Joe Gomes has been working the bar at Park Hyatt's The Roof Lounge in Yorkville since 1959. He is a legend, a part of this city's history, and probably the most humble guy you'll ever meet.
Next year will be his 55th work anniversary. When asked how he plans to celebrate, he replies that he won't, adding, "It's just a normal day for me!"
Will you ever retire?
It's not in my books. Another year goes by...I get by. I go day by day. You never know what's going to happen. I'm still here.
How have you adapted to 5 p.m. to 2 a.m. for so long?
I didn't. My wife has adapted.
What is the biggest change you've seen in the drinks industry over the years?
To tell you the truth there hasn't been any big change. People are getting a little fancier now. In [the old] days there were standard cocktails. Now there's all these flavoured [spirits]. But I like to please people and learn new things.
What about the resurgence of "old timey" cocktail culture in Toronto these days?
The young generation today likes to go back to see what the cocktails were, so they ask me because I've been here a long time. You can give them the same ingredients but when the person makes the cocktail it's not the same. It's like a chef. My wife puts the same things in that my mom does but it doesn't taste the same! Don't tell her I said that.
What's your favourite drink to make?
I mix the way [people] like. There's no favourite cocktail for me to make.
What do you like most about your job?
This [used to be] the only hotel in the city ... I've seen guests grow up. We don't have the same guests here [as when I started]. Those people passed on and a new generation has come. I have to watch myself because I see people bringing their wives and their girlfriends! But I love it when people say, "You're part of our lives." We always have wonderful guests.
Have you played a role in creating the quality atmosphere the hotel is known for?
Yes I have. I relate to the customers. I'm the longest employee in the history of the hotel. One waiter was here 52 years. Not that I'm trying to pass him!
Who have been some of your favourite people to meet at The Roof Lounge?
Paul Anka came in to meet me. It was such a wonderful experience. The bar was full, and who happened to walk in but Paul Anka! [I remember] his hand was extended over [the bar] to me and he had a glare in his eyes and everybody turned around and it felt great. This was two years ago when he was here for the Walk of Fame. A family that used to come to the bar brought him in to meet me. We were talking until 4:30 in the morning! I never had that experience in my life. It was wonderful. They took pictures. I never asked. I never ask anyone for anything! I also met John Wayne in 1962 when he was shooting a movie here. And I met Jane Russell in 1959 when I was 17.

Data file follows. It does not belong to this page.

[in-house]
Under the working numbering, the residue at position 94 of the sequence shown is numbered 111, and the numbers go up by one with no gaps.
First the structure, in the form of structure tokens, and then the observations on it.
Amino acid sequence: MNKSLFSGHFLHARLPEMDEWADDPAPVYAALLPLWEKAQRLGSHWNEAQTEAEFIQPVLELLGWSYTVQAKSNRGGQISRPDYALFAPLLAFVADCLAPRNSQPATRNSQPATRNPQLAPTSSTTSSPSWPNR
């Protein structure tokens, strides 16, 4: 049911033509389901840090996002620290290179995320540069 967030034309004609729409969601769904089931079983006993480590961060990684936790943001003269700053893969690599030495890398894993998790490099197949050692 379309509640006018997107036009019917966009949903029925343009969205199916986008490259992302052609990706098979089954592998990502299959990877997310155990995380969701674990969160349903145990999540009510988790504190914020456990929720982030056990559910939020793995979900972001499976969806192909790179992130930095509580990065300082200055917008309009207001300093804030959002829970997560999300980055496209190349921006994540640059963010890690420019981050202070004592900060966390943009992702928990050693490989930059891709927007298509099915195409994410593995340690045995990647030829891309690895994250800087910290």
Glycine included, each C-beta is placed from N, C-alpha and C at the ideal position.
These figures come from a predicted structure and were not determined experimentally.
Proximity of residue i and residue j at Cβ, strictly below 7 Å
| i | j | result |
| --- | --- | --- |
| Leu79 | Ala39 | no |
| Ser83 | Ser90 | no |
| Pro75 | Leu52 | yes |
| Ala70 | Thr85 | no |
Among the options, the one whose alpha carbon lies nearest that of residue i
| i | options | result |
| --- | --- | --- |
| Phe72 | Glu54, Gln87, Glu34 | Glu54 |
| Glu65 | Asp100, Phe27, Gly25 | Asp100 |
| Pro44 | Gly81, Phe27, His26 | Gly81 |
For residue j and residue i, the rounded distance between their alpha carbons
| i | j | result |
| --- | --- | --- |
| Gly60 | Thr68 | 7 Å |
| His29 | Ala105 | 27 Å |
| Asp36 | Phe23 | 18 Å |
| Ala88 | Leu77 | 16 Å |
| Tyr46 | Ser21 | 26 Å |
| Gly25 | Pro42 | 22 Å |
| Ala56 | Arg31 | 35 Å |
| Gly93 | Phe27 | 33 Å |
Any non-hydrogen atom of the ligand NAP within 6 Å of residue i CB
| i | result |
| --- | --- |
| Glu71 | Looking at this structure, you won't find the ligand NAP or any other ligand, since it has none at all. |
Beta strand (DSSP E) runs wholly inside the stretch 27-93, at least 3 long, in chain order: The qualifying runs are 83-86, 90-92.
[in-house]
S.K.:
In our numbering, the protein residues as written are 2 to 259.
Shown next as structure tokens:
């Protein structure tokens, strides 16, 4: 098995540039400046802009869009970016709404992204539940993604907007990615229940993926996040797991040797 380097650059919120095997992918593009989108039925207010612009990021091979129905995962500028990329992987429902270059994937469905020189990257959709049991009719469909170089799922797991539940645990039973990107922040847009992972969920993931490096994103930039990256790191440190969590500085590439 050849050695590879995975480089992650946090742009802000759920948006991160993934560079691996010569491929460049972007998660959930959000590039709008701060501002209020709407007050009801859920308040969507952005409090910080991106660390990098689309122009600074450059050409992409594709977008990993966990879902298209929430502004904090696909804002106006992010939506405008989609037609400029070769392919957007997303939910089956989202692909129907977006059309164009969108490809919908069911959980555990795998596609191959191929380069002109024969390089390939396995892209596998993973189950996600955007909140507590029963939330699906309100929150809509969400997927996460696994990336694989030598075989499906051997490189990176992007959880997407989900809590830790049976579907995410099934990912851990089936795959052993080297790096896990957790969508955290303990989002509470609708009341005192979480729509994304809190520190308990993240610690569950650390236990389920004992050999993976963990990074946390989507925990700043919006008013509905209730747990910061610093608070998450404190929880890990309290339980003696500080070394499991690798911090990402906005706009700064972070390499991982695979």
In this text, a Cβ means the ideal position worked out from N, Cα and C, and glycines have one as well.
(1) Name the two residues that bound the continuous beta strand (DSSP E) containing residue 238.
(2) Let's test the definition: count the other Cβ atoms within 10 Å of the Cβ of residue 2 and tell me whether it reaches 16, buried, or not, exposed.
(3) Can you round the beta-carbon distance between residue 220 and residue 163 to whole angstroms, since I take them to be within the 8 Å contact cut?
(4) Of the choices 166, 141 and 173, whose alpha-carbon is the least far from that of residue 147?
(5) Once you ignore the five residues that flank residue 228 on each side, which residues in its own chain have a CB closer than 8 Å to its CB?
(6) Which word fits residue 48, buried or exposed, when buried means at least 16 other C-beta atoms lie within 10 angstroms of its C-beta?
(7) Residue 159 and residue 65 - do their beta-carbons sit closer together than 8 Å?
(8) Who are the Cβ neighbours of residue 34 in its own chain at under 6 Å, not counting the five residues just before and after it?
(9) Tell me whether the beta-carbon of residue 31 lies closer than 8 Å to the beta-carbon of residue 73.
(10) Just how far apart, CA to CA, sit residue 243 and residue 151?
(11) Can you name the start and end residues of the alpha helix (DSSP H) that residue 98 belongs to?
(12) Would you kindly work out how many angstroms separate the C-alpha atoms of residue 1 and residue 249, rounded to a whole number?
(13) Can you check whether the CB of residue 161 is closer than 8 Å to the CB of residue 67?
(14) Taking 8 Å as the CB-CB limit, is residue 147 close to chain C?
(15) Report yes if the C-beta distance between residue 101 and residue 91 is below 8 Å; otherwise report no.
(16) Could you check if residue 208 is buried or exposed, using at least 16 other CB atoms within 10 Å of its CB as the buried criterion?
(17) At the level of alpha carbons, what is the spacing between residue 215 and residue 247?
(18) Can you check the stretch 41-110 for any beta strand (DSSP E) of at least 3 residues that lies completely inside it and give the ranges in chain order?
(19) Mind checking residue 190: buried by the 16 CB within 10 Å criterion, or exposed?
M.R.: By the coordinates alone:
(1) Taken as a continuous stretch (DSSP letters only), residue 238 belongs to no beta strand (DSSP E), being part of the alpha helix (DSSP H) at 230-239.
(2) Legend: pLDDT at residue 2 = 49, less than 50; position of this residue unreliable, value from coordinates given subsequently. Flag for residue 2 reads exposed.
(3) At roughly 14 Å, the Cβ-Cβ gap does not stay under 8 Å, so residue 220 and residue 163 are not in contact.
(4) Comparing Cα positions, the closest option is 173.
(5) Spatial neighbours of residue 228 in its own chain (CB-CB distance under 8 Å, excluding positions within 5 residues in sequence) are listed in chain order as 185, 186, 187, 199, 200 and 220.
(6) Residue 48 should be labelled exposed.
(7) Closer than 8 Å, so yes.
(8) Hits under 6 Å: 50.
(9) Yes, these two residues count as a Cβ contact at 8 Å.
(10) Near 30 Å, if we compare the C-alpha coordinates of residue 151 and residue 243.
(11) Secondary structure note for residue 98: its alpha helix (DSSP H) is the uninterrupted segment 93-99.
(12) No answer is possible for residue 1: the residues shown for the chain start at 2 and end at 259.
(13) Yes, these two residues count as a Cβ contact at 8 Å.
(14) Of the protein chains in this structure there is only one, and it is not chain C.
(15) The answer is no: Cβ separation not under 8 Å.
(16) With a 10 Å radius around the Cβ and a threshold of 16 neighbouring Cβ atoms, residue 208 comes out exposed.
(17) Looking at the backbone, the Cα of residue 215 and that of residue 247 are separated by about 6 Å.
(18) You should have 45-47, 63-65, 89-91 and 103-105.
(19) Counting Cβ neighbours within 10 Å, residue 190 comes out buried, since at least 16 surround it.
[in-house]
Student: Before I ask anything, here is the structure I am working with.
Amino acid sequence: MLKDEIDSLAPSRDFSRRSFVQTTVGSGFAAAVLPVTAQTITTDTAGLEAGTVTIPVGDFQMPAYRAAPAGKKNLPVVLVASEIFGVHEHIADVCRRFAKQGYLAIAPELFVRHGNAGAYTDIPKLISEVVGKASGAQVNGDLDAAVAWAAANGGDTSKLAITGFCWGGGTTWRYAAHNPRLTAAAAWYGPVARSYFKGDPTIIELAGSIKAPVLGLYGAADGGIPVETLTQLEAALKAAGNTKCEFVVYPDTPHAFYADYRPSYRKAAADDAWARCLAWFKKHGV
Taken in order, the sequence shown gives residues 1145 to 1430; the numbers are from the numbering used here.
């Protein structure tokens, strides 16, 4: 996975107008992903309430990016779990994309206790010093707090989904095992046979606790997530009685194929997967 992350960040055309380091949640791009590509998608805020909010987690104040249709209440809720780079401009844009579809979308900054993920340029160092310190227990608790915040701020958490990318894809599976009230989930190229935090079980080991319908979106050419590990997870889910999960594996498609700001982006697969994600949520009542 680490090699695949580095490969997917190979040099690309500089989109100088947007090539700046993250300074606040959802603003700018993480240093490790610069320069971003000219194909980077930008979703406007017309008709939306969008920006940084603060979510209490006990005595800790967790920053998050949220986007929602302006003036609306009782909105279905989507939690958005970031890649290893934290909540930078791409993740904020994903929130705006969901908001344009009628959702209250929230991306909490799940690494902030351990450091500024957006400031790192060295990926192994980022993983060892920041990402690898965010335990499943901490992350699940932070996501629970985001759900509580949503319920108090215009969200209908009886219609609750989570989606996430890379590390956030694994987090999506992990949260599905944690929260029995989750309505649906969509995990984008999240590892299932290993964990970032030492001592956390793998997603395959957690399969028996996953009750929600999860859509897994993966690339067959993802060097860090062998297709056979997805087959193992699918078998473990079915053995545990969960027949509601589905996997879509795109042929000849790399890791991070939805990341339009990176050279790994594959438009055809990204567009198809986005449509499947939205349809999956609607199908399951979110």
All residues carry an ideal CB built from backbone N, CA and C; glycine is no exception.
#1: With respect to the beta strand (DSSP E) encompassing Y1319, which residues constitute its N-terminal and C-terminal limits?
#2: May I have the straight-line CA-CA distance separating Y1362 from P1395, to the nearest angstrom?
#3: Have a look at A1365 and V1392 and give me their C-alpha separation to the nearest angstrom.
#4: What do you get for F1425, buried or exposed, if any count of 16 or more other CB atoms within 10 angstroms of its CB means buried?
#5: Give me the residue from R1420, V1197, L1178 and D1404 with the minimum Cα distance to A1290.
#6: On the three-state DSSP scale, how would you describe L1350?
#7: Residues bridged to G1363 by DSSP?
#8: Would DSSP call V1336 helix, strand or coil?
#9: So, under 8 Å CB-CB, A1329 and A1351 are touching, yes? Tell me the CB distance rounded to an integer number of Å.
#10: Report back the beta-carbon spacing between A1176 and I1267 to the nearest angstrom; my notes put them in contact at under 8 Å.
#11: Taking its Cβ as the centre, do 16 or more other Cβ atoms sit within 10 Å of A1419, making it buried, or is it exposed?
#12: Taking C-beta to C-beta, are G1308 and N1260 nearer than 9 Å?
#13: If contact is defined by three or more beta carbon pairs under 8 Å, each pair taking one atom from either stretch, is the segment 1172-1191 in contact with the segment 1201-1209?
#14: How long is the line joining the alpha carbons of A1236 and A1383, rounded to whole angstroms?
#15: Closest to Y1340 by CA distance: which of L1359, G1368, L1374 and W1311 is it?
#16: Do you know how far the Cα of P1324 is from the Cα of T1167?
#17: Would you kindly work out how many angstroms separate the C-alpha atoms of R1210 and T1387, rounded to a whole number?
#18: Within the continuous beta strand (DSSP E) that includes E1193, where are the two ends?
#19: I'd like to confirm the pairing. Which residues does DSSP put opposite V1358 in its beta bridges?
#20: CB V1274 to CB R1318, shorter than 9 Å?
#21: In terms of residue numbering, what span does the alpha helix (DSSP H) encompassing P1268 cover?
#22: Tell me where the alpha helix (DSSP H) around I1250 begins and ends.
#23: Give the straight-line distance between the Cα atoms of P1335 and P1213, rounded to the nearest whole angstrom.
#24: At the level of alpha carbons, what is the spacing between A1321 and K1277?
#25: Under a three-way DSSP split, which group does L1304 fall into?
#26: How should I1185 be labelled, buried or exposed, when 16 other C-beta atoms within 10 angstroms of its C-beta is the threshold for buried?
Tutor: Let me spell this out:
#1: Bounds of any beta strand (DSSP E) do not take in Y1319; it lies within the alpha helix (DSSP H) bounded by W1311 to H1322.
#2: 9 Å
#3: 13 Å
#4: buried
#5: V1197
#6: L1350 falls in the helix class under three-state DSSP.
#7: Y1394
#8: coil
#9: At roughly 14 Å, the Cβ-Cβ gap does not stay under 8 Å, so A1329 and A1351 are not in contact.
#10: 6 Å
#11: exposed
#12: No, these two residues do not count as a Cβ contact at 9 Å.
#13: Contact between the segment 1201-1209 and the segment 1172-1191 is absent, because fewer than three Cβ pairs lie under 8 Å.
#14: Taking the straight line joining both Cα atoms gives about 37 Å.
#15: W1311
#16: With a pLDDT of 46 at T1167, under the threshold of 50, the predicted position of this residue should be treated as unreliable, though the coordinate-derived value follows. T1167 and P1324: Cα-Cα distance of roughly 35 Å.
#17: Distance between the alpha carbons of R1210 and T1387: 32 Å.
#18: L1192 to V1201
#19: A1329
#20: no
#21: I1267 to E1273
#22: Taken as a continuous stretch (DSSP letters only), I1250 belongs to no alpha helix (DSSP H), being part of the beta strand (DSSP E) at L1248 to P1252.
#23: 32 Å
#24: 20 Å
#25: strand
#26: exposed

What has been your most memorable experience?
When this was the Park Plaza, I saved a man's life. I saw him trying to jump off the roof so I ran and grabbed his leg and was fighting with him. This was in the wintertime. He was climbing up a chair and getting to the ledge, and I was holding his leg and talking to him. And finally one of the guests saw me struggling with him and came to help me out. They got excited so I said, "Stay there and let me talk to him." Security came and grabbed him from the other side. I did what I had to do, but I never got thanked from the Plaza. That hurts me.
What initially drew you to this career?
Before I arrived here [in Canada], when it was called the Park Plaza, there was a small dining room and [they had] an opening for a bus boy. A guy who worked there knew my cousin. Said, "I know a guy coming here from Portugal." So they waited for me to arrive [and] did all the work for me. Just said to buy some pants and a shirt. "We'll give him the jacket and tell him to start on Monday." I never chose this.
Who were some of your mentors?
None. I'm my own person. My father used to get upset when I said, "I don't want to be like you, Dad. Nothing personal, but I want to be me." I'm not a follower.
Do you have any protégés?
I trained a lot of people here when George Brown College students came behind the bar. I met an awful lot of kids, but I don't know where they are now. It's hard to train people today. They want to do their own thing. I just don't bother. I say, "If you want to be successful, just watch me."
Do you go out for drinks at any of the other bars in the city?
I usually don't go anywhere; I don't go to bars. I do in Madeira, [but] here, I don't go to bars. I'm a good, happily married man.
What kind of drinks do you make at home for friends & family?
I'll make anything. Whatever they want, I'll do it. I'm not a drinker ... that's why I'm still here. I'm very disciplined with myself. Everything for me lasts a lifetime. I'm married 52 years. Every day I have a wonderful experience with guests. I'm a happy guy.
[Photo: Joe Gomes/Canadian Restaurant News]
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